No matter the fact that 30 Rock‘s corpse is still warm and snarky at the moment, Tina Fey is wasting little (if any) time filling her schedule with features. We’ll see her make a coming out of sorts, next month, with Paul Weitz‘s Admission, on its own not a bad way to pull that off — the movie’s got Paul Rudd, after all — and an even bigger opportunity comes from The Muppets… Again!, which speaks for itself. Even then? You’re sure to have Ricky Gervais and Kermit hogging most of the screentime.
So, finally, she has a strict leading role coming up. According to Deadline, Fey has been making a deal to headline Universal’s The Nest, a comedy also circled by Pitch Perfect helmer Jason Moore; the actress will also be producing via her company, Little Stranger Inc. As written by Paula Pell, the movie is a comedy of sibling love and rivalry centered on two sisters (placed somewhere in their ’30s) who arrive at their parents’ home together, only to find that its been sold off. Presented with no other real option, the pair of women “spend a last wild weekend together, bonding and feuding and finally growing up.”
As a premise — something which is often hard to judge a comedy by, anyway — I’m fairly content with the sound of The Nest. Like most others who read about this project, though, it’s Fey‘s presence — as an actor and, furthermore, someone who clearly sees it as good enough to produce — that makes any sort of difference. I don’t know if it’s really big enough, to be honest, unless they just get on with it and sign Amy Poehler as the second sister. Then we’ll be put in place.
Do Fey and Moore add anything to potential prospects of The Nest?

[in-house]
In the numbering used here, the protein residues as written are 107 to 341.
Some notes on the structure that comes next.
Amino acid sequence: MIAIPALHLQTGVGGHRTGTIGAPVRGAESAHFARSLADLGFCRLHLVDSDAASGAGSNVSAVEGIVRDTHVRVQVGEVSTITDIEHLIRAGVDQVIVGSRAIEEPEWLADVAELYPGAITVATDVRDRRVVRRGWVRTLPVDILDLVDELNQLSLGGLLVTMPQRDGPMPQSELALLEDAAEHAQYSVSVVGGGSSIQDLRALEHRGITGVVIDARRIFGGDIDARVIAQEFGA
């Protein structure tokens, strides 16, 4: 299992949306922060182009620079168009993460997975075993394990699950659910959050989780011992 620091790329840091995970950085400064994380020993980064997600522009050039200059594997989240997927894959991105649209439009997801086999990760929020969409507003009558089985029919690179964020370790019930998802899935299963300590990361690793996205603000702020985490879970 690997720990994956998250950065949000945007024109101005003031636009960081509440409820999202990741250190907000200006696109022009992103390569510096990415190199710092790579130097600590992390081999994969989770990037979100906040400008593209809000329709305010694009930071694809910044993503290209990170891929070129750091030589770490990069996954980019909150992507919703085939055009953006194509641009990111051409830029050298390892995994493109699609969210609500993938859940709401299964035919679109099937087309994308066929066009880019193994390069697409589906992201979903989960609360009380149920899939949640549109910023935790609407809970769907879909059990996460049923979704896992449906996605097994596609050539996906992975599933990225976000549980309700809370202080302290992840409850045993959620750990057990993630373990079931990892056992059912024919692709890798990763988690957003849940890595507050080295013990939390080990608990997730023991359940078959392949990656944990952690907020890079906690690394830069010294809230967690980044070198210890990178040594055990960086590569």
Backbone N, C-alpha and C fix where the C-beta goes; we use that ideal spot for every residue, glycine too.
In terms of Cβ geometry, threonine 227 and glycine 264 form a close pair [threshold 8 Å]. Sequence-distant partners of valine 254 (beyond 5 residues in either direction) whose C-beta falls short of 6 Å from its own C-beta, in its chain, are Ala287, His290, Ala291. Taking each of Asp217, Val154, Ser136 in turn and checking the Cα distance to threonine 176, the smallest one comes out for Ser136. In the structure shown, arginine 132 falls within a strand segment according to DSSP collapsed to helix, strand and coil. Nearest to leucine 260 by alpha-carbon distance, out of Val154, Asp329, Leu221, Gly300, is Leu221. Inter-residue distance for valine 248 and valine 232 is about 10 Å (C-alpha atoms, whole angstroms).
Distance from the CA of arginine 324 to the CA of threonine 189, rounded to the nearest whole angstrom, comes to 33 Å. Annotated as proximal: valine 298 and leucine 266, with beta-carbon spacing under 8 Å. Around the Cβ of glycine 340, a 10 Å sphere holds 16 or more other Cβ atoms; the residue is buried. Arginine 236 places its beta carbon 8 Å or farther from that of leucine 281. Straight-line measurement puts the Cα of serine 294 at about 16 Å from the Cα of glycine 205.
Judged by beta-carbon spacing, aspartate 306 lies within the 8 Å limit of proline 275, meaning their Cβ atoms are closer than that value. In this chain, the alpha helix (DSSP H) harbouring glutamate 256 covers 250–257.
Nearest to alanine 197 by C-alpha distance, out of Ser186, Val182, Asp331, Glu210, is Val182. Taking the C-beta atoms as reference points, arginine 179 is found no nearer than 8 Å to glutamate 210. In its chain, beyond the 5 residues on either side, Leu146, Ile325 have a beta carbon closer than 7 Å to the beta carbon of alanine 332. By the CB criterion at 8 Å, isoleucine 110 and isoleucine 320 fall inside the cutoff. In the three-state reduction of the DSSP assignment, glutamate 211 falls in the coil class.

The Archive is a collection of cinephile-friendly findings around the web, including rare or never-before-seen photos, interviews, footage or any other bits related to classic or independent cinema. If you have any suggestions, feel free to e-mail in or tweet to @TheFilmStage. Check out the rundown below. Above, an unused Taxi Driver poster made for SpokeArt’s Martin [...]
Since any New York City cinephile has an almost suffocating wealth of theatrical options, we figured it’d be best to compile some of the more worthwhile repertory showings into one handy list. Displayed below are a few of the city’s most reliable theaters and links to screenings of their weekend offerings — films you’re not [...]
Welcome to the latest episode of our official podcast, The Film Stage Show. This week, staff writer Danny King, managing editor Dan Mecca and I review Baz Luhrmann‘s The Great Gatsby. Before that, however, we take a look at radical cinematic adaptations of classic literature. Finally, we take a look at the films coming to theaters and DVD in the coming [...]
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